Rep. Denham went to bat for the railway and oil industries, to delay safety standards for oil tankers rolling through American towns and cities every day — maybe yours. (Check here to find out if you live in an oil train blast zone.) Modesto is also home to Greenbriar’s manufacturing facility. New safety upgrades would likely mean new jobs in Rep. Denham’s home district, but he seems more concerned with making sure his industry friends don’t have to spend money upgrading their tankers. (After all, that means they can give more of it to his campaign. )
While conservatives like Rep. Denham play to an anti-science conservatism that values “liberty” over safety, and allow his corporate donors to put profit above public safety, the rest of us are left to wonder: When will the next “bomb train” go off? And where?
The Worst Sort of Violence Against Children – Keeping public schools defunded and dysfunctional is also a form of violence. Promoting privatization and competition when kids really just need resources is also cruelty. Pretending that standardized curriculum and tests are a Civil Right is also savagery. It’s called class warfare. Its most prominent victims are children. Its most active soldiers are teachers. And we’re on the front lines every day.
Could we please not forgive Sarah Palin? She is an unrepentant nightmare – Everyone. I am begging you. Do not participate in or encourage the aw-shucks redemption of Sarah Palin – or any other unrepentant nightmare person, for that matter. She does not deserve it. She is the same person she was in 2008 (though seemingly even more desperate and eager to pander) and she is still actively trying to make the world worse.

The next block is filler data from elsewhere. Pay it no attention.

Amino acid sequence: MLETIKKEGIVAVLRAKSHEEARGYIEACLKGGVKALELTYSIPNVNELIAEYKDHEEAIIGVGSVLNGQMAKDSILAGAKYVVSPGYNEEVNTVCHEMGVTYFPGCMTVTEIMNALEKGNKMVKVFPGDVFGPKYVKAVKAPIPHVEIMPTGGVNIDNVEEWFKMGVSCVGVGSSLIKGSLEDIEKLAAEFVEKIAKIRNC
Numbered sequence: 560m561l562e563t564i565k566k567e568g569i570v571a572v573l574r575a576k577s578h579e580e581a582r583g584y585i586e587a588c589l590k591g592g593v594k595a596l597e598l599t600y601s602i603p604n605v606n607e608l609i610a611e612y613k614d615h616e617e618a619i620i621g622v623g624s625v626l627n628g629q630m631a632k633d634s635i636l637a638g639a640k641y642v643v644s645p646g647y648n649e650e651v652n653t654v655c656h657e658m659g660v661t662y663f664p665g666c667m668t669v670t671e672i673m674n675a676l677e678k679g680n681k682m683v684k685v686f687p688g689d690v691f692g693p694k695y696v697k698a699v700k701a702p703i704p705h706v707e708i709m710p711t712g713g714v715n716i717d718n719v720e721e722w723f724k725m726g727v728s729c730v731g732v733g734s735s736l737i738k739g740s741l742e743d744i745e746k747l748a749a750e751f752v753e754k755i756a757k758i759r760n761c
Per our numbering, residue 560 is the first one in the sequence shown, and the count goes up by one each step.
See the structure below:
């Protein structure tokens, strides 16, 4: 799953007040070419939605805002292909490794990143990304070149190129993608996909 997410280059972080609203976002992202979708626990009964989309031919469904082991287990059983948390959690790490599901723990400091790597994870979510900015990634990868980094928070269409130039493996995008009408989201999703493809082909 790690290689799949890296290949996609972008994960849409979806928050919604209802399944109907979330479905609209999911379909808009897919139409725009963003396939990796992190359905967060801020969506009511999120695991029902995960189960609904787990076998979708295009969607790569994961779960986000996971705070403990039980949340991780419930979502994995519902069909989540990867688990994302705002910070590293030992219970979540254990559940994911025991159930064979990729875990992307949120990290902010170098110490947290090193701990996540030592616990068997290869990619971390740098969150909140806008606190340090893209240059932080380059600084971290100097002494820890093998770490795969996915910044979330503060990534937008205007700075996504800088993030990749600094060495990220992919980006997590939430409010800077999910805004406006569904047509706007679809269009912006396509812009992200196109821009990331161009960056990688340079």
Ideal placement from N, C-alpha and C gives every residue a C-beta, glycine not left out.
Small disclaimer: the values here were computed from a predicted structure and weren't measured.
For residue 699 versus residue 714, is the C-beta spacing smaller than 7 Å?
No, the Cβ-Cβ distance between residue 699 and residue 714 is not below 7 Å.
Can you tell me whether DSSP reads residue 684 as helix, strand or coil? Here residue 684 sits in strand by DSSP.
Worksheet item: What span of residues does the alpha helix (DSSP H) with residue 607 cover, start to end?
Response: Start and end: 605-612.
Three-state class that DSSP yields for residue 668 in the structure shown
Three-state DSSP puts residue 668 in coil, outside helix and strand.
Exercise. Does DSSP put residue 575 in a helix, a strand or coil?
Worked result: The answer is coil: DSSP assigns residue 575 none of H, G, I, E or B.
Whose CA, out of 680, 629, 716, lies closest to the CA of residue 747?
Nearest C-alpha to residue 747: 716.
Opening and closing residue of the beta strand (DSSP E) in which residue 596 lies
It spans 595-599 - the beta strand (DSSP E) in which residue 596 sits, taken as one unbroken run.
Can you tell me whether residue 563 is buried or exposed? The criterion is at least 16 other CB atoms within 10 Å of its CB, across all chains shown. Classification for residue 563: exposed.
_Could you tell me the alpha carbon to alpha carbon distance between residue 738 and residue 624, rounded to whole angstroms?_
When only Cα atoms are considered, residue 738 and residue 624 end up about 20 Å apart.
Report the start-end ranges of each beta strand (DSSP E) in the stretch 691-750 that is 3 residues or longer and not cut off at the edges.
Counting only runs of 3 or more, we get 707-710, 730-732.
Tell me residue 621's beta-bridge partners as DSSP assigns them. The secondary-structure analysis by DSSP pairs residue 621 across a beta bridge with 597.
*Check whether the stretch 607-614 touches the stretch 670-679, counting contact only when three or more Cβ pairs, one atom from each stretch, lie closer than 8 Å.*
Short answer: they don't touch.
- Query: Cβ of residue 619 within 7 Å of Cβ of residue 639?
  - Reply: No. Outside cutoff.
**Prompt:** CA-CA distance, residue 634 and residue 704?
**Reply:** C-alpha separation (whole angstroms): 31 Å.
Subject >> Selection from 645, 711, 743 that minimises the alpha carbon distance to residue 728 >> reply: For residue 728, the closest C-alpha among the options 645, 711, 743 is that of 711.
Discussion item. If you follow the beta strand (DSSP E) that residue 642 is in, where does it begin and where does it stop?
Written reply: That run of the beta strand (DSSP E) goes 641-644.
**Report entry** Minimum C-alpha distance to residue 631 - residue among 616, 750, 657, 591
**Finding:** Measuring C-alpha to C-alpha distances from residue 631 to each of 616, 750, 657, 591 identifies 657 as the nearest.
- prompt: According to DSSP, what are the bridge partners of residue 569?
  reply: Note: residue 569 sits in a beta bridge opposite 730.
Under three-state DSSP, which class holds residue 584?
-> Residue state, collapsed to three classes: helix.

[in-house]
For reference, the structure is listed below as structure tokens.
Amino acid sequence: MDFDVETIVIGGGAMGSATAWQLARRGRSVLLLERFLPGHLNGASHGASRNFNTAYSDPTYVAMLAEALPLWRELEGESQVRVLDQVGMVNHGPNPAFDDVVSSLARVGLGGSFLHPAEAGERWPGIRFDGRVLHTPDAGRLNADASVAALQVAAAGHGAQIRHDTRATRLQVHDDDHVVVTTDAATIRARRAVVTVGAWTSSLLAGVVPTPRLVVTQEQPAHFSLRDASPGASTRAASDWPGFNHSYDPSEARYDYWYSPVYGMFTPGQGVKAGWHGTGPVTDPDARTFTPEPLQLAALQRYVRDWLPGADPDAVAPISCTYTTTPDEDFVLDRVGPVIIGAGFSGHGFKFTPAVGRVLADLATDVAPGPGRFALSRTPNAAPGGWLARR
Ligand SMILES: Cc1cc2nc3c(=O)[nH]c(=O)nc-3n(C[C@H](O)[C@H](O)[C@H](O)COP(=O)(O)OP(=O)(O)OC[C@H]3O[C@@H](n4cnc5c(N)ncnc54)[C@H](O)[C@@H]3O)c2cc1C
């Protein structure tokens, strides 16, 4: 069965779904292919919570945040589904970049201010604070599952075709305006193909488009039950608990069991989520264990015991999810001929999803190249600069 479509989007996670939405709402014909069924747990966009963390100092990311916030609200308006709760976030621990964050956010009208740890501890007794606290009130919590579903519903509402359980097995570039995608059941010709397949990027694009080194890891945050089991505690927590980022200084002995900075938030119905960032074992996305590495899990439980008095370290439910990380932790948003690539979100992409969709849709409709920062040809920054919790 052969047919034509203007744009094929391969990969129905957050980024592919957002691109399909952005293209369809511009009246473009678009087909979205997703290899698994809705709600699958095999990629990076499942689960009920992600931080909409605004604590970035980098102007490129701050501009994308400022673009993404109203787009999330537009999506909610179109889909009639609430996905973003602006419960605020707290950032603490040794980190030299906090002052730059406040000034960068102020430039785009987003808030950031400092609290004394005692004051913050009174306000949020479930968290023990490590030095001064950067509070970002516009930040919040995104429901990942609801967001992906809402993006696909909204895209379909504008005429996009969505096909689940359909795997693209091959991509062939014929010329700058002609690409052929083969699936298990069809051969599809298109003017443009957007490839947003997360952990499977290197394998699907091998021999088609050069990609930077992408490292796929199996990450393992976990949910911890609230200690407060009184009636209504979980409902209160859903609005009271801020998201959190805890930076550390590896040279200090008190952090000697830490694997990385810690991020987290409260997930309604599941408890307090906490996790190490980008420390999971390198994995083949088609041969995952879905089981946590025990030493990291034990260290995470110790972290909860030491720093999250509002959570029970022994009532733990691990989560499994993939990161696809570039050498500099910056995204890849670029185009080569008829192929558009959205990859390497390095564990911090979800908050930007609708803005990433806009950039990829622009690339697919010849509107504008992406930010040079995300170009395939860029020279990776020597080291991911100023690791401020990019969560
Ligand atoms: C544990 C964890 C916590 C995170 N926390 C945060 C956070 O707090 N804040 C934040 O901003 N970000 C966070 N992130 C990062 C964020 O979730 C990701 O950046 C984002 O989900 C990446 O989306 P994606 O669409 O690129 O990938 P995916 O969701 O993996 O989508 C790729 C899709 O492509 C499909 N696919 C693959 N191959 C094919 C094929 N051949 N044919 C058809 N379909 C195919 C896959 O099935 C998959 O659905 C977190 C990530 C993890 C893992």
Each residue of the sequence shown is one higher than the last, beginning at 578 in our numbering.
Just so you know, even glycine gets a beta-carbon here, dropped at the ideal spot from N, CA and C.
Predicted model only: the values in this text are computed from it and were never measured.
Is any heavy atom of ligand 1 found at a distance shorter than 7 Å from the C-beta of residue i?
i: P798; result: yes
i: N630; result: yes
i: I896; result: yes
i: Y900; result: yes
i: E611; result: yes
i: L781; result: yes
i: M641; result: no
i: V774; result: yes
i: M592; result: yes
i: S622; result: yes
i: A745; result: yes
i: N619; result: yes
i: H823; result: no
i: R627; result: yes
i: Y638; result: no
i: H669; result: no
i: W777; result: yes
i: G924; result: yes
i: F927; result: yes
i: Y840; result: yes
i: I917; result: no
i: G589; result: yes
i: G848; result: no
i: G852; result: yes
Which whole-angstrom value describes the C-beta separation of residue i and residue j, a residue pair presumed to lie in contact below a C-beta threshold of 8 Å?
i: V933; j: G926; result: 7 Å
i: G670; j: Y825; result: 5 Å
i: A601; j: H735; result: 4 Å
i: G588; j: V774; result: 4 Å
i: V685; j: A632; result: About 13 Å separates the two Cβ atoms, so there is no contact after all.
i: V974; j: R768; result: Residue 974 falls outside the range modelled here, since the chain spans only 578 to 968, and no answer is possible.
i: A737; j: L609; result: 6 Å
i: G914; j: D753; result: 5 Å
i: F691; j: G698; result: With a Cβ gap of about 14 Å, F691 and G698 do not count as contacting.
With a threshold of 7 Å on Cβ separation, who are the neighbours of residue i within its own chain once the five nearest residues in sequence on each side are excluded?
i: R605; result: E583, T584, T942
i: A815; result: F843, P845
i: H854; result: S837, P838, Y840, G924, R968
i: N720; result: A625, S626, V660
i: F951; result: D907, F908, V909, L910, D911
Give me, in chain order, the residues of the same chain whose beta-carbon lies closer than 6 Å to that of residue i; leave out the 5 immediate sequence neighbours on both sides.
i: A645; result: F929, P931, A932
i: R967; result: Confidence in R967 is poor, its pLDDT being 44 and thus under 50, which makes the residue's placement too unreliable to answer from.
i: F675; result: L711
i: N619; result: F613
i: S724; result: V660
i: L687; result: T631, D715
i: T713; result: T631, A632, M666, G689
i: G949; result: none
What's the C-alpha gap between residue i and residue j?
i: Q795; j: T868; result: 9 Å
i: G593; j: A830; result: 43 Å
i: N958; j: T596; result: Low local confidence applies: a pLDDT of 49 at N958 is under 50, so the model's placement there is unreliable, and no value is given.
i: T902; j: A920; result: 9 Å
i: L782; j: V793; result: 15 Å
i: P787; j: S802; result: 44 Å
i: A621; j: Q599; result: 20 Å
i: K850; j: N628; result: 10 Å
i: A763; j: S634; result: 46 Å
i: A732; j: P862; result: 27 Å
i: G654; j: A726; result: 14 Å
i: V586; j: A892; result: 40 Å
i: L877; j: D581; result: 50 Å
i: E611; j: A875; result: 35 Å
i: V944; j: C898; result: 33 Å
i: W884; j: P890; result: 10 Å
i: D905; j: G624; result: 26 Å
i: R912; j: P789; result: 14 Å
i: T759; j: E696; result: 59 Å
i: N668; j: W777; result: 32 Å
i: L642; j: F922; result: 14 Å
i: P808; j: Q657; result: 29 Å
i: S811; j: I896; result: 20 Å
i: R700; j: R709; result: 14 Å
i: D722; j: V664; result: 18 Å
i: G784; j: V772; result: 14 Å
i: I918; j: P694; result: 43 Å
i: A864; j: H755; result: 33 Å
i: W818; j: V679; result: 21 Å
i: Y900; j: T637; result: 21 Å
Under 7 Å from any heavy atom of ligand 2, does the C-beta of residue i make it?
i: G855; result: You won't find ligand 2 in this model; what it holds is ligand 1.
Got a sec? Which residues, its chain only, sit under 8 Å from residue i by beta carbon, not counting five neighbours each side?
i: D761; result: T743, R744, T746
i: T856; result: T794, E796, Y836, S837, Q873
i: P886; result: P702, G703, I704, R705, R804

Lesley Gore, Feminist Icon – …while the girl group genre, at the behest of older male producers like Phil Spector, was dominated by songs that portrayed girls as boy-crazy damsels in distress—"The Leader of the Pack" by the Shangri Las and "Will You Love Me Tomorrow" by the Shirelles being iconic examples—Gore stood out by showing a more defiant, feminist side with her 1963 hit "You Don't Own Me." The song portrays a narrator standing up to her controlling, possessive boyfriend: "You don't own me, don't try to change me in any way/You don't own me, don't tie me down 'cause I'd never stay."
It’s not just Alabama. The Supreme Court is due to rule on marriage equality, and Justices Thomas and Ginsburg are already dropping hints that the court will rule in favor of marriage equality. So, the madness spread far beyond Alabama.